“KCMO’s approach to scooters and e-bikes has been intentional, incremental and equitable,” said Green. “We launched a yearlong pilot program to learn more about how the scooters would interact with KCMO’s infrastructure, market, weather, demographics and existing rules and regulations.
“Each company signed an operating agreement for the pilot program that outlines reporting requirements; fees; data sharing and privacy; equity and inclusion; education and outreach; and program operations. We’ve met/had calls with each company several times over the course of the pilot to check in, make adjustments and hear feedback about the program.”
What are the advantages of docked vehicles to undocked vehicles in KCMO? According to Green, dockless provides autonomy of being able to use the device and park it in any appropriate space without having to worry about locking it up. Lock-to requires the scooter or bike to be locked to a bike rack, pole, etc.; this can alleviate some of the parking compliance issues experienced, such as scooters blocking ADA ramps, transit stops, middle of sidewalk, etc. On-street mobility parking for both vehicles is often sought in or near bike lanes.
Dockless scooters can be disruptive to traffic by zipping in and out without warning or regard for others. They can clutter sidewalks and block wheelchair ramps and weave through crowds. They can ignore traffic rules. The list goes on.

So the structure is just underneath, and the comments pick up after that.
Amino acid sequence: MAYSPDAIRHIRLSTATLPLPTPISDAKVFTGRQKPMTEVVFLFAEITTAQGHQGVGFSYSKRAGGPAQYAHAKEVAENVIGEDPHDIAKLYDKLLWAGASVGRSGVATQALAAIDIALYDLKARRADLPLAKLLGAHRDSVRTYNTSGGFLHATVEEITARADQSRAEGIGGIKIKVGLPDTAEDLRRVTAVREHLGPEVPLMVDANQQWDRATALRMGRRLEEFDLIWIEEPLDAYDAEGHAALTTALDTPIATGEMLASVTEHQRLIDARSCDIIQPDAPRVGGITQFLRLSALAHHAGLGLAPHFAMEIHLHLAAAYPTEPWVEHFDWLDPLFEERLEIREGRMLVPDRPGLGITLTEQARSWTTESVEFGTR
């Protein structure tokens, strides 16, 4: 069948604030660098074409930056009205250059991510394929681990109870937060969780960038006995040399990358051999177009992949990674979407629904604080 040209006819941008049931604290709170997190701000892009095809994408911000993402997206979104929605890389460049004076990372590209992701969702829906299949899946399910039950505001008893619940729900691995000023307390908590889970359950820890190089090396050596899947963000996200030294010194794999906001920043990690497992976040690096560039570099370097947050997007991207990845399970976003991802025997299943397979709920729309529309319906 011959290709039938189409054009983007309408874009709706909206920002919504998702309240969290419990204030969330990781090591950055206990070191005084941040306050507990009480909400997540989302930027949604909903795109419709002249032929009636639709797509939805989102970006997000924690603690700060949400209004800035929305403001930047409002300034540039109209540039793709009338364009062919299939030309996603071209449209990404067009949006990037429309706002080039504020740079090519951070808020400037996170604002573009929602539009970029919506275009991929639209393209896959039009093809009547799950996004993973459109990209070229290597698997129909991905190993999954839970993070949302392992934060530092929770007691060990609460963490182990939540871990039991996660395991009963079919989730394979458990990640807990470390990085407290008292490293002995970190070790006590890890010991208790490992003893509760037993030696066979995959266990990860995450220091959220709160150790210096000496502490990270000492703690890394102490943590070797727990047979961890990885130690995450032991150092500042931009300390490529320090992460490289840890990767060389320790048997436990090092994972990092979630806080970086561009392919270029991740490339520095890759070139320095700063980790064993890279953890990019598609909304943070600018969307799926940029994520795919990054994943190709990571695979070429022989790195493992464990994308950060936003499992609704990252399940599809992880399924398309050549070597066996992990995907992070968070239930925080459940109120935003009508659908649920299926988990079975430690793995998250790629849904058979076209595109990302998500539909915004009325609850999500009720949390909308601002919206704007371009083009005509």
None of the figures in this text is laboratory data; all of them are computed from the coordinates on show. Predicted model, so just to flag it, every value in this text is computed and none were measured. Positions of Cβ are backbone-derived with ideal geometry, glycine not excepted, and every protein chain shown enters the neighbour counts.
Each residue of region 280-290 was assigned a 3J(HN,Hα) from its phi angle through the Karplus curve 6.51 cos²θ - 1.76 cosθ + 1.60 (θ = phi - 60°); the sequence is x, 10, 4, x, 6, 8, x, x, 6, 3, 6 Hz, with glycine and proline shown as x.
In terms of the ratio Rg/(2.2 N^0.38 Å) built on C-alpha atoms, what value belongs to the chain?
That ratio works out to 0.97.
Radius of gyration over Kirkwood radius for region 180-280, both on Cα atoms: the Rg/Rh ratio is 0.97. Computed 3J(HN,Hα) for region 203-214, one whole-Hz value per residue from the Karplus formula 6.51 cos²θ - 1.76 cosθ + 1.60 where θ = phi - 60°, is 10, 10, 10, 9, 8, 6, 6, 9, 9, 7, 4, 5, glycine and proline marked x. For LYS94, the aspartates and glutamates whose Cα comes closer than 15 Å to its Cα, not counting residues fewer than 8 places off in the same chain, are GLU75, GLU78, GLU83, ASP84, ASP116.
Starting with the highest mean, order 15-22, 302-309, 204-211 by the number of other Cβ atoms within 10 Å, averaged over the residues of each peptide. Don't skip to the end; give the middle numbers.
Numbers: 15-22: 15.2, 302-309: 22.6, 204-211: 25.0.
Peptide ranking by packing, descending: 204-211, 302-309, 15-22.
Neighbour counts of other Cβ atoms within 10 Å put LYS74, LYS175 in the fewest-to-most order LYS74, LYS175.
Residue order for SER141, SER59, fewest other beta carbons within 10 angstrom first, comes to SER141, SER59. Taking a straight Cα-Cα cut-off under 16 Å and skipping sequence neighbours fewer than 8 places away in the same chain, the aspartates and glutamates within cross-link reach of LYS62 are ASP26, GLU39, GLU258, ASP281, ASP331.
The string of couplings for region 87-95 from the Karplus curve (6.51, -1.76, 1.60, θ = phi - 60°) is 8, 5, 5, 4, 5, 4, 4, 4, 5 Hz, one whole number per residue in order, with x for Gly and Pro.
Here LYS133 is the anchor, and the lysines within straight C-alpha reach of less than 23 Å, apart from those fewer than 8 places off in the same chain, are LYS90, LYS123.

Green noted the city’s multi-departmental team continues to meet to work through opportunities and challenges with scooters and e-bikes in KCMO for residents and visitors.
Kansas City has the unique distinction of being the first to offer both electric bike and electric scooter options that are fully integrated with the regional transportation system.
Rules for riders may include wearing helmets, riding in certain marked areas — not on sidewalks or parkways — and not blocking access to sidewalks or building entranceways when parking. Each city must set its own rules and regulations, including licensing, in addition to the rules that come with each e-vehicle.
With COVID-19 in mind, each e-vehicle company is taking critical measures to keep its riders safe. Spin, for example, keeps updated with World Health Organization, Centers for Disease Control and Prevention and local public health agencies guidelines. To ensure a safe ride, Spin is increasing cleanings of its
vehicles as soon as they come back to the warehouse. Its employees are required to wear gloves when cleaning the vehicles. Riders are also recommended to use hand sanitizer containing at least 60% alcohol before and after the ride.
Riders are asked to educate themselves on what to do in emergencies or accidents; how to do minor repairs; and know when to bring the e-vehicles back for charging support. Spin’s cost is $1 for every 30 minutes, which its cellphone app will track. Riders will learn how to enter their passwords, how to unlock their vehicles and what to do if their vehicles do not unlock.
Green said there had been no widespread thefts of bikes or scooters, but that one would have to check with the scooter companies directly to see if they have had any issues. Also, few injuries have been reported on either e-vehicles, with four-month records showing only 19 accidents. Most injuries are abrasions or bruises. Scooters can travel up to 15 mph.
Cities interested in beginning such a program for their residents over the age of 18 and visitors can Google scooter/bike companies, such as Bird, Spin, Skip Scoot and Lime, to see which company is a good fit for them and what their fees are. Let your residents go green while enjoying one of these al fresco options to enjoy the warm-weather months.